import React from 'react';
import { StyleSheet, Text, TouchableOpacity } from 'react-native';


const PrimaryButton = props => {
  return (
    <TouchableOpacity 
      style={styles.btnContainer} 
      onPress={() => props.pressHandler}
    >
     <Text style={styles.text}>{props.title}</Text>
    </TouchableOpacity>
  );
};

const styles = StyleSheet.create({
    btnContainer: {
        paddingVertical: 3,
        paddingHorizontal: 10
        backgroundColor: 'green',
        justifyContent: 'center',
    },
    text: {
      color: 'white',
      fontSize: 20,
    }, 
});

export default PrimaryButton;
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Step 3: Spread local styles & prop styles

Use the spread operator to add all current styles and then any custom styles being passed in via props. This will allow additional styles to be added/overwritten.

import React from 'react';
import { StyleSheet, Text, TouchableOpacity } from 'react-native';


const PrimaryButton = props => {
  return (
    <TouchableOpacity 
      style={{...styles.btnContainer, ...props.containerStyle}}
      onPress={() => props.pressHandler}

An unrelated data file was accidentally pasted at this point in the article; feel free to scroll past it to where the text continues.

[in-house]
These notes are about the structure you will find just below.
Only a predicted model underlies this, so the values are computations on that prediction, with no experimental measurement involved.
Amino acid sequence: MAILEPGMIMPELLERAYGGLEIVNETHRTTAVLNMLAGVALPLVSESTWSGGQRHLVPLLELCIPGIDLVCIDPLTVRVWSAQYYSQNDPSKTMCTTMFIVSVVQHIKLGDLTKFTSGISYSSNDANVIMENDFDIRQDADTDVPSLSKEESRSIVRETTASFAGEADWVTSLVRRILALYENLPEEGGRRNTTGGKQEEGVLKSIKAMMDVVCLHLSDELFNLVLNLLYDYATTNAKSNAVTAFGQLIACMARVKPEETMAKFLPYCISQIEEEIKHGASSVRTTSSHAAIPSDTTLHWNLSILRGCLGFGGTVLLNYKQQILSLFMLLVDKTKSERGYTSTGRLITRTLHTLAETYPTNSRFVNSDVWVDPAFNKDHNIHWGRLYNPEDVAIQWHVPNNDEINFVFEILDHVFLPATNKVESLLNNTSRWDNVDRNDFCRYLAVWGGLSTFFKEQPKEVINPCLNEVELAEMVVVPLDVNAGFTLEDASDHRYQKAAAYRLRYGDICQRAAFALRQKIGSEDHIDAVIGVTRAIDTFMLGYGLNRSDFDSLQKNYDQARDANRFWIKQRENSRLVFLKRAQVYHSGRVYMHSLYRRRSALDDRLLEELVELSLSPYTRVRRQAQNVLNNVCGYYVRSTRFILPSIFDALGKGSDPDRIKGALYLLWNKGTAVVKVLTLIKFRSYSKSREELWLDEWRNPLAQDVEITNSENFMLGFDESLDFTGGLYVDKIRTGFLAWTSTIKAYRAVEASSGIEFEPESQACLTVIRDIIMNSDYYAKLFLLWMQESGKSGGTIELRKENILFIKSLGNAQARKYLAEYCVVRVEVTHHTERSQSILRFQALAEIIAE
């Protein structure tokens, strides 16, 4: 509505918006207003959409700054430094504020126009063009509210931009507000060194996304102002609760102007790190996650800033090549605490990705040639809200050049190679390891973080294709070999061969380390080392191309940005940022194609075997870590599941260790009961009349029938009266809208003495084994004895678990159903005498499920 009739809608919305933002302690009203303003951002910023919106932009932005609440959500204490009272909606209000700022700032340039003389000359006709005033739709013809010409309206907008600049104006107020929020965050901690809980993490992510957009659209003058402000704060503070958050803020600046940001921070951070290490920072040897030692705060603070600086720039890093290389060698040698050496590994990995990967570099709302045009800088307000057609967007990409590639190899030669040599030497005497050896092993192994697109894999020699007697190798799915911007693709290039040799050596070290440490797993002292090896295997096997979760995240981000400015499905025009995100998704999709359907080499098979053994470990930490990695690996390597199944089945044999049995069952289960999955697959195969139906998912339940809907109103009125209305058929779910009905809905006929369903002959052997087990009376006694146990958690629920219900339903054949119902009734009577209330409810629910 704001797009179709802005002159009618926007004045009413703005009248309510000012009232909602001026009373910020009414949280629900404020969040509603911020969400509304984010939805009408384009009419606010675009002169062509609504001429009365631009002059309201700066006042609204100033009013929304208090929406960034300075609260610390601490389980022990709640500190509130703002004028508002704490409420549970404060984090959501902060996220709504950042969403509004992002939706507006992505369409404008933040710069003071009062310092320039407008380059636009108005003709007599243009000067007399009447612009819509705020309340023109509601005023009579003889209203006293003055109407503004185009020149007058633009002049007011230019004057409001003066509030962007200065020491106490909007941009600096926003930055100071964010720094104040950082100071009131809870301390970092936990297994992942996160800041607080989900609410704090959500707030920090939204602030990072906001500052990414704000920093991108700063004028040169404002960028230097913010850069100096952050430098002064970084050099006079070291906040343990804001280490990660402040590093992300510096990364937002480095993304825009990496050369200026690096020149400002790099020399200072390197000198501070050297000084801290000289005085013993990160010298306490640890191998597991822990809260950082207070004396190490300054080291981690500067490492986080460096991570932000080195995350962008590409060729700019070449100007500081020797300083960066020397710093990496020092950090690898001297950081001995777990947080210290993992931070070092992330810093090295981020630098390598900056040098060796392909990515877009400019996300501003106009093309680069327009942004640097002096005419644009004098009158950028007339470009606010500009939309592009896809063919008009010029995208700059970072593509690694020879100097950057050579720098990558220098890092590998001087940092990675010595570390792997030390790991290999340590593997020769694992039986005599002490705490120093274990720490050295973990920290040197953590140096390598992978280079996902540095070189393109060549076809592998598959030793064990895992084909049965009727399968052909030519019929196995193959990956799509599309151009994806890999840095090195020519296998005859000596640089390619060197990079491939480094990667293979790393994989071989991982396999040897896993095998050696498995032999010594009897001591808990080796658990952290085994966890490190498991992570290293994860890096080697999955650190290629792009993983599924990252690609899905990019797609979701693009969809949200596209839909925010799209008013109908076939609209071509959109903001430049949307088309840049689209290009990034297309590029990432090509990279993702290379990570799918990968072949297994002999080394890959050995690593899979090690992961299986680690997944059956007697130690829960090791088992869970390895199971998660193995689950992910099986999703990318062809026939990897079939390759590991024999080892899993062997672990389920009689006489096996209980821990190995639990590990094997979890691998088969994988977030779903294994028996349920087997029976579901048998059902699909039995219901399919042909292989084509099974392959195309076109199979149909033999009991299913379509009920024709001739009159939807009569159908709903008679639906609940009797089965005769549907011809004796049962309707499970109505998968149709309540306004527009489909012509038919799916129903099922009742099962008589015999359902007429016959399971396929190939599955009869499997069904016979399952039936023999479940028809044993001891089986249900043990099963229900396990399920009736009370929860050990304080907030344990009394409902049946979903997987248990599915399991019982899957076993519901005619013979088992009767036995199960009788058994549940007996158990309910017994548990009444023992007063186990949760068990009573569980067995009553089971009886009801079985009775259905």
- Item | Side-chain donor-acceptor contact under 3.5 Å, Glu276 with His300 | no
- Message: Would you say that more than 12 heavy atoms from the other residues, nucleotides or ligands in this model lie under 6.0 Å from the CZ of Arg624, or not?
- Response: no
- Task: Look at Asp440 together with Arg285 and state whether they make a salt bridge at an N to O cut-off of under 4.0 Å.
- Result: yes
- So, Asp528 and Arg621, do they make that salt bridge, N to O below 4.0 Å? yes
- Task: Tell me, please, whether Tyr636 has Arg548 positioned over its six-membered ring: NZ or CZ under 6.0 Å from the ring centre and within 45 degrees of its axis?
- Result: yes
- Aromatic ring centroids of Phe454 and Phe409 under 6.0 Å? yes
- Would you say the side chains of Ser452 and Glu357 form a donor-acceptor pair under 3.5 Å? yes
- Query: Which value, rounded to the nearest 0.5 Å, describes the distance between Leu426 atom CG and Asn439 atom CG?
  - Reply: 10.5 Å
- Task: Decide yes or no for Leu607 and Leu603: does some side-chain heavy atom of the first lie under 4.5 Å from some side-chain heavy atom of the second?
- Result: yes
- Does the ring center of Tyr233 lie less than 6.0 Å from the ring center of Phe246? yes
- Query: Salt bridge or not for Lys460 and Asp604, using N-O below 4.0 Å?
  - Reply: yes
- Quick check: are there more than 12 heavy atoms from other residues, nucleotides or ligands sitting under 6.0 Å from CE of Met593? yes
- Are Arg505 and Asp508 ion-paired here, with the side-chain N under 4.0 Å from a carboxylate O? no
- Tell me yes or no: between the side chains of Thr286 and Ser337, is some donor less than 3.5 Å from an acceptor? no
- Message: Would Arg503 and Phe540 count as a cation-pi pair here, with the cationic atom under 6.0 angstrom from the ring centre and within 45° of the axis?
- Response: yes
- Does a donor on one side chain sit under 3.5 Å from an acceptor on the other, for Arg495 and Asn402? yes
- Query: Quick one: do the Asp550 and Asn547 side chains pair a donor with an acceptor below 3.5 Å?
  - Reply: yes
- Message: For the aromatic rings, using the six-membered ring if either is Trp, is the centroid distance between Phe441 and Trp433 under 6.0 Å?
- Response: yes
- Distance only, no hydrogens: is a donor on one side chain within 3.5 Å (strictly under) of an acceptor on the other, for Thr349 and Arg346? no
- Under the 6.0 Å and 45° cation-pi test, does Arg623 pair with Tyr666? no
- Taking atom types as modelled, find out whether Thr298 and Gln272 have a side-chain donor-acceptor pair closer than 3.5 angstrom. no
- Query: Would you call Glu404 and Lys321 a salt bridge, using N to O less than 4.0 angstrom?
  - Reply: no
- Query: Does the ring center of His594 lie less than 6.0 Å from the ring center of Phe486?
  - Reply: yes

>
     <Text 
       style={{...styles.text, ...props.textStyle}}
     >
      {props.title}
     </Text>
    </TouchableOpacity>
  );
};

const styles = StyleSheet.create({
    btnContainer: {
        paddingVertical: 3,
        paddingHorizontal: 10
        backgroundColor: 'green',
        justifyContent: 'center',
    },
    text: {
      color: 'white',
      fontSize: 20,
    }, 
});

export default PrimaryButton;
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Step 4: Use <PrimaryButton /> anywhere in the project

Note how we are passing in a custom margin, via props. This will get applied to the button, in addition to the default local style we set up already.

import React from 'react';
import { StyleSheet, Text, View} from 'react-native';
import PrimaryButton from './components/PrimaryButton'


const ContactScreen = props => {
  return (
   <View>
    <Text>Contact Us</Text>
    •••
    <PrimaryButton 
      title="Submit"
      pressHandler={someCoolFunction}